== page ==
‘Unraveling’ Lakers Have Advantage in Blockbuster for $163 Million Star: Execs

Donovan Mitchell (right), Jazz

Getty Donovan Mitchell (right), Jazz

The Jazz and Lakers completed an NBA trade this week, with L.A. sending out guard Talen Horton-Tucker and wing Stanley Johnson to Utah for veteran defensive guard Patrick Beverley, the former Clipper and longtime Lakers nemesis. But that’s not to say potential Lakers-Jazz dealings are done.

Indeed, it may have come as a bit of a surprise to see that the Lakers were among the teams still considered contenders to land Jazz star Donovan Mitchell in a trade this offseason. That was the case according to a report from veteran Suns observer John Gambadoro, who had L.A. among the teams that were still in the hunt for Mitchell, who is in the second year of a five-year, $163 million deal.

Here’s what he tweeted: “Couple things on Donovan Mitchell. The Hawks, Heat & Kings are NOT interested contrary to reports. Knicks still have the best package to offer but other teams interested are Cleveland, Washington, Charlotte, LA Lakers & Brooklyn. And no the Jazz never asked for 7 1st round picks!”

It’s true that though the Jazz might not have asked for seven picks, team CEO Danny Ainge certainly asked for six in a Mitchell deal. The only non-rebuilding team in position to offer that kind of draft lucre is the Knicks, who have four incoming picks to offer as well as, potentially, four of their own. The Lakers have just two first-rounders to deal.

“He’s going to ask for as many first-rounders as possible within reason,” one NBA Eastern Conference executive told Heavy. “Most teams, that is three or four. The Knicks, it’s six. Of course, he would start by asking for six. What they (the Jazz) want most of all is just a chance to get into the Top 3 or Top 5, and to get as many chances of that as possible.”

Protections a Problem for Knicks

The problem for the Knicks, though, is that the picks incoming from other teams come with hefty protections, and have zero chance of landing in the Top 5.

Next year’s pick from Dallas is Top 10 protected, and is likely to land in the 20s anyway because Dallas is a good team. Next year’s pick from Detroit is Top 18 protected for two years, then drops as low as Top 9 (in 2027) before it turns into two second-rounders. A Washington 2023 pick is protected for the Top 14, and that whittles down to No. 8 in 2026, then becomes second-rounders. There is a Milwaukee pick in 2025 that is Top 4 protected, but the Bucks are likely to still be good then.

The Knicks could offer their own picks in 2023, 2025, 2027 and 2029 without protections, and/or could add in pick swaps in other years. That’s only really valuable to the Jazz if New York becomes a bad team along the way, even with Mitchell and new addition Jalen Brunson. That’s possible, but it’s no sure thing.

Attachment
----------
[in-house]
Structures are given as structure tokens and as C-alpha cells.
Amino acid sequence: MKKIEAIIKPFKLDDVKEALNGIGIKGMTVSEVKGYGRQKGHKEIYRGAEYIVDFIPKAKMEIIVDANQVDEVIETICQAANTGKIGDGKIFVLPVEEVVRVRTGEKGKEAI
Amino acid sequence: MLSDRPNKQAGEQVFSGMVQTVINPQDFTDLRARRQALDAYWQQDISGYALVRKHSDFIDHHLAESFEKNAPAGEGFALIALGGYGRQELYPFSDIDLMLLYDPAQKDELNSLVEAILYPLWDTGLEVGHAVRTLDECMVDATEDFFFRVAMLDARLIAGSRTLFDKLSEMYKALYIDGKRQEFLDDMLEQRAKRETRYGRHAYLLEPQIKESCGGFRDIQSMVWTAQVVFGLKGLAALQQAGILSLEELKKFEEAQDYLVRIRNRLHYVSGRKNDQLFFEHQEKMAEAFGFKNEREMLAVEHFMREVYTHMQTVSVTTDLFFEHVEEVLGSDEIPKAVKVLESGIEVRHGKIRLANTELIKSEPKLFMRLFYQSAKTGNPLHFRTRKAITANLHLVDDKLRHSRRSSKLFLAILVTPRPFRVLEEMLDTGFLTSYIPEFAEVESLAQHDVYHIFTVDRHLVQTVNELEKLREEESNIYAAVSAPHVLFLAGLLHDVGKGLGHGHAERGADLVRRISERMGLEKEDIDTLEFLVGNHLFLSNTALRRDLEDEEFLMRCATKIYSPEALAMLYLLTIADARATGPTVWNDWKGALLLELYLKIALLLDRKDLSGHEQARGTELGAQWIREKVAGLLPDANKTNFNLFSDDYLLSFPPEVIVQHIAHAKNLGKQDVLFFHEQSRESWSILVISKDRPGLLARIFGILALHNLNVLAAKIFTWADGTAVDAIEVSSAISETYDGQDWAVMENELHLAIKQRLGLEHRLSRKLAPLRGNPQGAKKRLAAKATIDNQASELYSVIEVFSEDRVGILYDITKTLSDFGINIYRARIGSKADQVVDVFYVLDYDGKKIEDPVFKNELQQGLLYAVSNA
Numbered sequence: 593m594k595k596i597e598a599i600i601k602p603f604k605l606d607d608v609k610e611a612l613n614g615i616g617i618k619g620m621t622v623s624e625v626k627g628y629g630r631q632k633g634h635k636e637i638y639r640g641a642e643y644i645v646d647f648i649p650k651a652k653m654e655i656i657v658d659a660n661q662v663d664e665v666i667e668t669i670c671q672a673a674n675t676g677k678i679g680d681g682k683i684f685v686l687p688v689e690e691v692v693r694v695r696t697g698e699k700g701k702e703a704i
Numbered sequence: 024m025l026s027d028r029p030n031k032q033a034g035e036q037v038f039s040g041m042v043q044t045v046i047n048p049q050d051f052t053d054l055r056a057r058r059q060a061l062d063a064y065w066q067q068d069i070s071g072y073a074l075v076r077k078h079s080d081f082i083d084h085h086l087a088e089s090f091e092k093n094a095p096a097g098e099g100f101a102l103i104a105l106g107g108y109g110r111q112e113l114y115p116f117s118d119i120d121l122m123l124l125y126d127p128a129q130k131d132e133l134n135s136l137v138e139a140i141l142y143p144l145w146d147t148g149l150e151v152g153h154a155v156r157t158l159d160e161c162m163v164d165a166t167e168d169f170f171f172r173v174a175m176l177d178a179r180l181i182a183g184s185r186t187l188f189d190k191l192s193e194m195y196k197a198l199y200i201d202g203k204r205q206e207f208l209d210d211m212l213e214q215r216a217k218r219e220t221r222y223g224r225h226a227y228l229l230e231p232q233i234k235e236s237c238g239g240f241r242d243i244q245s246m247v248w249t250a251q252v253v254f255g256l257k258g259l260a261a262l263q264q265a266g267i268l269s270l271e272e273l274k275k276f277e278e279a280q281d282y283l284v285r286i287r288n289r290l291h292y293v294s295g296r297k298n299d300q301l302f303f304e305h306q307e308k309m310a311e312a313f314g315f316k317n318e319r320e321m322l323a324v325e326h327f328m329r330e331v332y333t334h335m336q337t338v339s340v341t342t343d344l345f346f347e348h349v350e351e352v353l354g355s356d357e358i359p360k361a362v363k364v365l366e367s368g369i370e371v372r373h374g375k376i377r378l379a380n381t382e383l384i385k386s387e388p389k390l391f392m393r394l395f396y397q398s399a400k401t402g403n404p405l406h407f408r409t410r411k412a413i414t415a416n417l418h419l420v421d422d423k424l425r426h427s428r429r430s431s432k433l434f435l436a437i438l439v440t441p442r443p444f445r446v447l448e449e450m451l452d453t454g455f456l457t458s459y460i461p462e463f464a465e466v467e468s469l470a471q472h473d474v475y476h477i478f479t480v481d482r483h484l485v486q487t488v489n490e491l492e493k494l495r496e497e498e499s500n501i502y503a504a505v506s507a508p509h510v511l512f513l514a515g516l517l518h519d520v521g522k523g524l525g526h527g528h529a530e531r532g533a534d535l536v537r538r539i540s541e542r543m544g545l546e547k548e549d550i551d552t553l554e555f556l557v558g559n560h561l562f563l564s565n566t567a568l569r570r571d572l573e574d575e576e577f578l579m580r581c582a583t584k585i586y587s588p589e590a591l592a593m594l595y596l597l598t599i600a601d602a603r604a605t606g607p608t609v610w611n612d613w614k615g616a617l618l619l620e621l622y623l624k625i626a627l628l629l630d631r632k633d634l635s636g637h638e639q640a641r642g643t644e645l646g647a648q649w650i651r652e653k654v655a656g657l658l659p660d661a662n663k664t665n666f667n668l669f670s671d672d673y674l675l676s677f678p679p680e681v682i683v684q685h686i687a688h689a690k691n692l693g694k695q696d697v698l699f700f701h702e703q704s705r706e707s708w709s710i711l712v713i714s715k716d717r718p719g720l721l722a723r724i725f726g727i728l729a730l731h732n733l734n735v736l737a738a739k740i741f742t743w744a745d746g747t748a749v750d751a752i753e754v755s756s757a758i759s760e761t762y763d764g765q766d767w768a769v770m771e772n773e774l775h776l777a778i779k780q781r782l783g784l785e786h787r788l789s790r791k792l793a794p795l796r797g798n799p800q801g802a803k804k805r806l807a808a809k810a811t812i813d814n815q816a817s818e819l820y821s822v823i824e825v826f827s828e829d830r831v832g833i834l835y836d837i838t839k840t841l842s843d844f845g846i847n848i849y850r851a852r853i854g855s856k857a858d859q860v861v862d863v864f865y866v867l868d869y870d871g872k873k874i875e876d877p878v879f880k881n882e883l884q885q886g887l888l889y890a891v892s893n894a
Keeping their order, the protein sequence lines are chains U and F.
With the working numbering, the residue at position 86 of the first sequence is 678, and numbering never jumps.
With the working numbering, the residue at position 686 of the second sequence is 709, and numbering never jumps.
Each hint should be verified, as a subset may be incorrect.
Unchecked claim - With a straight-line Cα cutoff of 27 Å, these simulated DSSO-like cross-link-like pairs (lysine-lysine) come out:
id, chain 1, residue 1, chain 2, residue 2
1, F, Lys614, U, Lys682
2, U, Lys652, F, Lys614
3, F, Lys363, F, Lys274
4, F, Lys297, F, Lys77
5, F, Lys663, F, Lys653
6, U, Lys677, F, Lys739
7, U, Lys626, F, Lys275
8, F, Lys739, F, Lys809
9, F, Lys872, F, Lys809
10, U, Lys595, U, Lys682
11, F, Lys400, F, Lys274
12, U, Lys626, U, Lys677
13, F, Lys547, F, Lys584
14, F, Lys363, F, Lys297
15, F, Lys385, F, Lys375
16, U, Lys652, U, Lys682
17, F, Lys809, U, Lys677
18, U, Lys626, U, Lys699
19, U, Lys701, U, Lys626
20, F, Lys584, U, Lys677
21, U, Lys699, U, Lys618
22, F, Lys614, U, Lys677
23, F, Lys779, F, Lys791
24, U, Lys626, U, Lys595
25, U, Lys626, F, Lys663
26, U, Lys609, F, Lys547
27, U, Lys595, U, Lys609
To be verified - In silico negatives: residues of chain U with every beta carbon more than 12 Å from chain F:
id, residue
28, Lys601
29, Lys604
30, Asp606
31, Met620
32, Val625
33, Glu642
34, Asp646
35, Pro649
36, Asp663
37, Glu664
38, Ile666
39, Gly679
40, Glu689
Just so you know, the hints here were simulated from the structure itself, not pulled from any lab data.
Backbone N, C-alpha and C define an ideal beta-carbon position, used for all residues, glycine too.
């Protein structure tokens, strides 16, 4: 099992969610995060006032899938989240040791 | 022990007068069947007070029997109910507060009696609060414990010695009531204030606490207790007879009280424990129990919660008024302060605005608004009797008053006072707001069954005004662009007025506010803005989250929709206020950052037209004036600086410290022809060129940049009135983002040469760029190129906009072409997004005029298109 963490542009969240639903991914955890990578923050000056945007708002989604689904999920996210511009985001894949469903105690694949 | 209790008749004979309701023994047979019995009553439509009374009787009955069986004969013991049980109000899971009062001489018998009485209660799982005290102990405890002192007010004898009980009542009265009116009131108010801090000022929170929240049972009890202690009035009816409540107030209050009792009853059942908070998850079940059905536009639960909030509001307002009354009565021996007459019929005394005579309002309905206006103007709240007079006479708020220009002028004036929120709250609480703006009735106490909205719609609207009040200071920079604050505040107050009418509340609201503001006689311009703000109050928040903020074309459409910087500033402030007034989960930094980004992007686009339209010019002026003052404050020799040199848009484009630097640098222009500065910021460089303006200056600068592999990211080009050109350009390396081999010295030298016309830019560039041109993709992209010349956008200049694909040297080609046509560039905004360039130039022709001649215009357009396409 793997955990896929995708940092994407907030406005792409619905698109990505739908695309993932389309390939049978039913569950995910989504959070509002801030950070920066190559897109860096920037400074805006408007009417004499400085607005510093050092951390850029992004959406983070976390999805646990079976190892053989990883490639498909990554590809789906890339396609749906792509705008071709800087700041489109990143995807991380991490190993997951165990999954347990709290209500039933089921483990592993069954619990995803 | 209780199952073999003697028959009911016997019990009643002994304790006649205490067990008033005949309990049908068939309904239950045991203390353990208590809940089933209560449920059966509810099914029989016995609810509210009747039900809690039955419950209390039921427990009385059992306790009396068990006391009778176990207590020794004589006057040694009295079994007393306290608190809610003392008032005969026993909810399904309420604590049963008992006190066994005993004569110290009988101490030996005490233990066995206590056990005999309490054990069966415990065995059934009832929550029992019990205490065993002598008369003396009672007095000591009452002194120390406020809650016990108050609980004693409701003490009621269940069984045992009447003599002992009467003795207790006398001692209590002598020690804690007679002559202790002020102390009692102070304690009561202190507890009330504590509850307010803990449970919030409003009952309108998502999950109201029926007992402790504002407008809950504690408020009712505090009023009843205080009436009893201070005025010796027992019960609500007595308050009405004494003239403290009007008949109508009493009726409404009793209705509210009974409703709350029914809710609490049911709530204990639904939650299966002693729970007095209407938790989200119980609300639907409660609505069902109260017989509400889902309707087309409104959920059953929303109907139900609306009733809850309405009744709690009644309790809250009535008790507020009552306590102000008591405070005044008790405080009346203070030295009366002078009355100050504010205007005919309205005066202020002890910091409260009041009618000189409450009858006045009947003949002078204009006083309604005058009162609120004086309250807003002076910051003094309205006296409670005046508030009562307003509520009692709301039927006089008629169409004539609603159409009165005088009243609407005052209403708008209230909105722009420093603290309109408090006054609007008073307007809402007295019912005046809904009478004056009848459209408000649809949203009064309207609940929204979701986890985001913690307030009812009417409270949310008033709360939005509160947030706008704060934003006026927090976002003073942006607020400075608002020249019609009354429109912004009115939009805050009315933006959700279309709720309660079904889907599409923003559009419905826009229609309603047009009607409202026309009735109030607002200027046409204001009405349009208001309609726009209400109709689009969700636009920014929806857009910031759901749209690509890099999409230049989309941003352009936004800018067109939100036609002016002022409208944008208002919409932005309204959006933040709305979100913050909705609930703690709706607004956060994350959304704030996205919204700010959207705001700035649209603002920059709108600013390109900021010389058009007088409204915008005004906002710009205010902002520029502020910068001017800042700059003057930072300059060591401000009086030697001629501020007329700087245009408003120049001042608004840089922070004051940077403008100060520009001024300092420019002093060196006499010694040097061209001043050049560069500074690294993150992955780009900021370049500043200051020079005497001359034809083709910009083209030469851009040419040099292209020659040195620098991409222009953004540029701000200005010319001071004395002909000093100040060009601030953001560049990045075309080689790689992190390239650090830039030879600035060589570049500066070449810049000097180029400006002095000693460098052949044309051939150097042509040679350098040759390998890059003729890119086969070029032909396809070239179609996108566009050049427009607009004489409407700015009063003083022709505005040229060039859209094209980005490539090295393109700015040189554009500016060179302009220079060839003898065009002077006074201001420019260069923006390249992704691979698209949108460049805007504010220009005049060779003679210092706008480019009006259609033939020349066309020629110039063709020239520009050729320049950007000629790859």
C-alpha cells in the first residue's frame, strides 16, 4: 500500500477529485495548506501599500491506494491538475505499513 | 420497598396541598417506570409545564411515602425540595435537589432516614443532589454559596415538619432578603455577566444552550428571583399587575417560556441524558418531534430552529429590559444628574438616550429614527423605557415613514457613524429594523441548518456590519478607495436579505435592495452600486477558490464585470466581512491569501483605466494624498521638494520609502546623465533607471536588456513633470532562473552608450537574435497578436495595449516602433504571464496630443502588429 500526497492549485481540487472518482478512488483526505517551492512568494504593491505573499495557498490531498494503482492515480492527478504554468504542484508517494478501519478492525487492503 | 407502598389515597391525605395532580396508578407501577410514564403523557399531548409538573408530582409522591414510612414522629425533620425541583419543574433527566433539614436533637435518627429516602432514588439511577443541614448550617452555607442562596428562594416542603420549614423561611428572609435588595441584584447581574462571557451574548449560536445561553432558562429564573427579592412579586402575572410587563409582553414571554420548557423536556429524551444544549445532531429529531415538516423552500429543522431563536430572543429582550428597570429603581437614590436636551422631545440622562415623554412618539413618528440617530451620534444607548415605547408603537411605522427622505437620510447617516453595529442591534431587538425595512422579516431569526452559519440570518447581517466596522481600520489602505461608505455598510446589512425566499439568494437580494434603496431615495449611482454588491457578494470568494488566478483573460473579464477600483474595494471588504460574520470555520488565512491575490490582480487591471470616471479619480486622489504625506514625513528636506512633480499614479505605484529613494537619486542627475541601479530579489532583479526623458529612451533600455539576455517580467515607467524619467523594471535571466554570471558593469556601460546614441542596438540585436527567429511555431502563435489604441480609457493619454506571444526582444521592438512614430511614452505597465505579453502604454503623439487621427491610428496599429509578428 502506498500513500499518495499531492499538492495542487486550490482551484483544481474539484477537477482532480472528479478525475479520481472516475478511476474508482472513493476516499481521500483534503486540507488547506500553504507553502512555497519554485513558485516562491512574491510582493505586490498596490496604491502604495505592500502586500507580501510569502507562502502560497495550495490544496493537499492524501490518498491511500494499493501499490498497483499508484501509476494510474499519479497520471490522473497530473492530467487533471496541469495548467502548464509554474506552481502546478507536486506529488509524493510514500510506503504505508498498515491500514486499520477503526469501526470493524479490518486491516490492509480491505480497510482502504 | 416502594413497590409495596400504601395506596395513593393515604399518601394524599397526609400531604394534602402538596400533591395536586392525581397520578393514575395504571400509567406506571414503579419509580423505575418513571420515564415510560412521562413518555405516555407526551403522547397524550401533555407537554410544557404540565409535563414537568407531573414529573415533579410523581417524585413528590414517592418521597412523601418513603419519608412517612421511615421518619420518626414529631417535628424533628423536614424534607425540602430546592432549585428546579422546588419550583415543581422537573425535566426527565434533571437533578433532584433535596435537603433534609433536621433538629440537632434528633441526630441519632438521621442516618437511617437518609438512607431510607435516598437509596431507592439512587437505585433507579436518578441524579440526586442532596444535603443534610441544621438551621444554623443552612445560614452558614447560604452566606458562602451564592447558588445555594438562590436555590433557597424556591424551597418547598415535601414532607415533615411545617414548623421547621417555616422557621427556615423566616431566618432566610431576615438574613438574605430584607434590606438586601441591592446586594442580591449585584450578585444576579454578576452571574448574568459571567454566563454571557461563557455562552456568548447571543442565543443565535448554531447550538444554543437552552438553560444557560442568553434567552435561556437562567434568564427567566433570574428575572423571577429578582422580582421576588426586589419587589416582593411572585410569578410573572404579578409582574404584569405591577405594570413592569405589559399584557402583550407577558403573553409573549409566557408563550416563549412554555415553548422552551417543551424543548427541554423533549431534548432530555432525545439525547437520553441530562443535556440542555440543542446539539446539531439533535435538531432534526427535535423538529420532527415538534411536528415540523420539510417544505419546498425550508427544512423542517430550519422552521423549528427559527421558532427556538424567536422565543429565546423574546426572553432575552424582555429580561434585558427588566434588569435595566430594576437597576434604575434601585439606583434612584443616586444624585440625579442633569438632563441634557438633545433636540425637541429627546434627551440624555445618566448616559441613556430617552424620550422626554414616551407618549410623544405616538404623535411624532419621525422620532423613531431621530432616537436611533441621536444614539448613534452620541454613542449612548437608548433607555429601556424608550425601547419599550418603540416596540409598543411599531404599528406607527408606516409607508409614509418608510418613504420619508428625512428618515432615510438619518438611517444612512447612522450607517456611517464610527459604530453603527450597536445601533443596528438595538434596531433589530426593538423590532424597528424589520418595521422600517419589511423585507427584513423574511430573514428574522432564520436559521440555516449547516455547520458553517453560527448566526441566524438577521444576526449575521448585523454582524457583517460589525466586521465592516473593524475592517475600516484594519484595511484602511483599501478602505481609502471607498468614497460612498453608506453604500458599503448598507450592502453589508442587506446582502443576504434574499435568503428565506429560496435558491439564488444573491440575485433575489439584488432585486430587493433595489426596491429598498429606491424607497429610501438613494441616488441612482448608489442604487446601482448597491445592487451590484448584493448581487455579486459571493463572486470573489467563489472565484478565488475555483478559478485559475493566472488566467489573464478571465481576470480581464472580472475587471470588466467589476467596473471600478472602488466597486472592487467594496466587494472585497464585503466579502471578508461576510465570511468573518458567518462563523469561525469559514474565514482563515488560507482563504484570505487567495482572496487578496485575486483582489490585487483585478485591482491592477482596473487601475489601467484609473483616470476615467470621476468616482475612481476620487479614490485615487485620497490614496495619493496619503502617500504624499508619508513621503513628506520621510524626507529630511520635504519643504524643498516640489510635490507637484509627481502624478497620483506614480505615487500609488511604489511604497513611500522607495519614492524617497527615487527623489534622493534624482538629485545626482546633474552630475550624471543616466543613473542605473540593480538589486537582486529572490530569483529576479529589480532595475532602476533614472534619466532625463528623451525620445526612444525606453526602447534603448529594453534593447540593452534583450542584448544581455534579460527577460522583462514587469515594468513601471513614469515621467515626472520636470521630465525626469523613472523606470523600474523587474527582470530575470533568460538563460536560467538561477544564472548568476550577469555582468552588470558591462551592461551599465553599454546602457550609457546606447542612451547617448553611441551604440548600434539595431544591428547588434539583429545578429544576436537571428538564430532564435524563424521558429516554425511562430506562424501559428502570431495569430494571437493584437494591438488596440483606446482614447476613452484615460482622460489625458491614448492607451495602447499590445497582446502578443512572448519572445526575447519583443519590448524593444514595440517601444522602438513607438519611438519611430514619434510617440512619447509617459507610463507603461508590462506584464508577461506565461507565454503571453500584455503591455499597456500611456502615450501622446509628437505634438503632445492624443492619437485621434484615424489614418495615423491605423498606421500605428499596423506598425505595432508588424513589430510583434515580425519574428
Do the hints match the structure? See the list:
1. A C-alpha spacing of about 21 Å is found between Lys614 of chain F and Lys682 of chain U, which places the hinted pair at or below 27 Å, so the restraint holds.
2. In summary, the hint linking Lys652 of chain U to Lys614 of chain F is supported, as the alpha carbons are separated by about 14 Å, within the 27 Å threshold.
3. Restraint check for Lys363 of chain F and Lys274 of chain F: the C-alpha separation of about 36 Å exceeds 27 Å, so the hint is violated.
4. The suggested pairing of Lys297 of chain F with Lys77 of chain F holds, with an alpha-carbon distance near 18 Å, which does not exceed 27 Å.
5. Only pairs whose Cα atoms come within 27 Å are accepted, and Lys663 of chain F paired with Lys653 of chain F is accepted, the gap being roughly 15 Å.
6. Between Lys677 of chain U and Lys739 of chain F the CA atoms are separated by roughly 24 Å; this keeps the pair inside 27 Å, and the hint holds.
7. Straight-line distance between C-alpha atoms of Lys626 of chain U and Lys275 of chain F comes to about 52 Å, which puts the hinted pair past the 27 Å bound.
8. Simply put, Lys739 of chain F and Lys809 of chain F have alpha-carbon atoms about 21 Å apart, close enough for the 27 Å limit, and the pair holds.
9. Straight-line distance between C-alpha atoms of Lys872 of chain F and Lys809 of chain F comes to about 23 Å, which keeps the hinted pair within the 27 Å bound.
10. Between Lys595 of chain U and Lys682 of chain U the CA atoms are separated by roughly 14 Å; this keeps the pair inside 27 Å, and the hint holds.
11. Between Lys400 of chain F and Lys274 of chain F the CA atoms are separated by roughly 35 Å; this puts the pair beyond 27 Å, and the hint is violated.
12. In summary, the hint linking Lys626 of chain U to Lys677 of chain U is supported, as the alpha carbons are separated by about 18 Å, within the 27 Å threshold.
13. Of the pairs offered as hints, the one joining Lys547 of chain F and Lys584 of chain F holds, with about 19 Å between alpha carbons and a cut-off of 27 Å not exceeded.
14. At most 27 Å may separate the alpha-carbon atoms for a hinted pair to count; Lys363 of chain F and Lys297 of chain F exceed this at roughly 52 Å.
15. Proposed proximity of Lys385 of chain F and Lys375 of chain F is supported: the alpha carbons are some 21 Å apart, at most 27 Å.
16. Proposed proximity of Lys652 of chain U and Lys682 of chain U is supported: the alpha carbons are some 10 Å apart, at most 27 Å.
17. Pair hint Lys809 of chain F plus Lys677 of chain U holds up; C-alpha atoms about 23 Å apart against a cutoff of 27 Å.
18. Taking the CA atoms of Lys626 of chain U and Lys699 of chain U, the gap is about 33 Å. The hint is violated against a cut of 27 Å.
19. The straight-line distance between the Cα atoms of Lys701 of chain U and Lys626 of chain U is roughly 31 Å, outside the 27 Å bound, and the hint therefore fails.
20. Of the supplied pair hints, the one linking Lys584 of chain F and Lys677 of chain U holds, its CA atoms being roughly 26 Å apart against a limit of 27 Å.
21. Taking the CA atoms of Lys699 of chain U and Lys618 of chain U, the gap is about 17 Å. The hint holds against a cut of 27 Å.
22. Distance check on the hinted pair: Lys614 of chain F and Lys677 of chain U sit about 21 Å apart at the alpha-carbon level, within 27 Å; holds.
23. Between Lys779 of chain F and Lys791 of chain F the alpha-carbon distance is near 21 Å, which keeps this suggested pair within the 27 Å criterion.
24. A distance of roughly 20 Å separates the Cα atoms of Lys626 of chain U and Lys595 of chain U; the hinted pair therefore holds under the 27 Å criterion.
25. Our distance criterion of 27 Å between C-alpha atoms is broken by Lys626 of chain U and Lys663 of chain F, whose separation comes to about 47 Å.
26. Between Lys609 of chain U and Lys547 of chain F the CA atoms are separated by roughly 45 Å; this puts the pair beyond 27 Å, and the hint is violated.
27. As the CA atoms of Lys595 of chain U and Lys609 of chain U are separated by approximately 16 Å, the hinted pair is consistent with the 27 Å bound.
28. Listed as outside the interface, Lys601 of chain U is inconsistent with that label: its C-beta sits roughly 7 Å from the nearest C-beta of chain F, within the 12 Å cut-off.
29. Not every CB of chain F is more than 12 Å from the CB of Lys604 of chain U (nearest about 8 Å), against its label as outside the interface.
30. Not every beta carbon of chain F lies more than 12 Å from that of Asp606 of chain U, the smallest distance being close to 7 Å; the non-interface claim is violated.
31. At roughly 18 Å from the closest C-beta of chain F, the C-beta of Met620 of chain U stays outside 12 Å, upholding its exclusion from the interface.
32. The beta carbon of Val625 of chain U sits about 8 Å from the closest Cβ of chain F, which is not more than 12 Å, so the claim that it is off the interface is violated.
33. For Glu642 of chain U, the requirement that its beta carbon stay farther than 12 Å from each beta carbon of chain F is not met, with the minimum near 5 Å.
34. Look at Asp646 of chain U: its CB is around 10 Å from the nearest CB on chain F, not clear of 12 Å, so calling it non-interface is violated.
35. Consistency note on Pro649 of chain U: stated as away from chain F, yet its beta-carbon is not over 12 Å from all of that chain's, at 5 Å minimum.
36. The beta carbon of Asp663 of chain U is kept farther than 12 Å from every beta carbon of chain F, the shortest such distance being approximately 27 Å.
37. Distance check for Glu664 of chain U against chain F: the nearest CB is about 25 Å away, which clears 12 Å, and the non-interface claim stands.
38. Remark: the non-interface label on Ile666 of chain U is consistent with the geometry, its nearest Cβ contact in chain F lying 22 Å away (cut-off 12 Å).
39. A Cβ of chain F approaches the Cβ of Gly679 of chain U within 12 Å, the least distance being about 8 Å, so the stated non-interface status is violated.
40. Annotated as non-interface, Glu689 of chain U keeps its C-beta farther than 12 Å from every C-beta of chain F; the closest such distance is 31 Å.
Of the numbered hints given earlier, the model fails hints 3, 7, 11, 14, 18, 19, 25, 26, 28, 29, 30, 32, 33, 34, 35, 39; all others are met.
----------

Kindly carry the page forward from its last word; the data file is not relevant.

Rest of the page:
Teams Expect the Lakers to ‘Bomb Out’ in 5 Years

That’s where the Lakers come in. They (famously by now) have only two first-round picks they can offer, in 2027 and 2029, a far lighter load than what the Knicks can put up. The difference is that, around the league, those picks have huge value if they are left unprotected.

By 2027, LeBron James will be a distant memory for the Lakers. Anthony Davis might well be, too, given that he will be 34 and has such a long list of injuries on his resume. In 2029, Davis will surely be gone and the Lakers figure to be terrible. Here’s what another NBA executive explained:

It’s impossible to say that a team is going to be good or bad in five years, you never know what can happen, you never know how drafts are going to pan out. Look at what happened with Milwaukee, they have the No. 2 pick and it turns out to be Jabari Parker, and they have the No. 15 pick and it’s Giannis (Antetokounmpo). So, you don’t know.

But you can guess, right? We run models and look at it analytically, but you can look at it just with an eye test, too. With the Lakers, you’re guessing 2025, 2026, that is when things will be completely unraveling for them, when they will bomb out. So, if you have two of their picks with no protections in that range it is worth four or five picks, maybe more, compared to what the Knicks are giving you, where you’re not even landing in the lottery in all likelihood. If you’re Danny Ainge, that is what you’re weighing. Charlotte, you have to weigh what they’re going to do, and Washington if (Bradley) Beal can’t stay healthy in his 30s.

Now, probably, the Knicks will give up some later picks of their own without protections and that gets the deal done but everybody wants those Lakers picks.”

The trade for Beverley does throw some cold water on the potential for a Mitchell-to-Lakers deal, because if L.A. and Utah wanted to make a swap, they could have done a mega-trade with Beverley and Mitchell (and more) coming to the Lakers. Under NBA rules, Beverley can’t be traded with other players because he was traded within the past two months, but that restriction expires next week.

But it doesn’t eliminate the Lakers, either. There’s nothing to say L.A. can’t come back to the table with Utah on a Mitchell deal, which involves more posturing and negotiating with other teams than the trade for Beverley required. L.A. can send out Russell Westbrook (whose contract expires after this year) and give the Jazz payroll relief by taking back Jordan Clarkson (two years, $27.5 million remaining) in a deal.

The Knicks are still the favorite for Mitchell, because they can give up the most picks for him, and can send the Jazz some young players in return. The Lakers can’t match that. They can, though, give up the best picks, and that’s kept their hopes alive.


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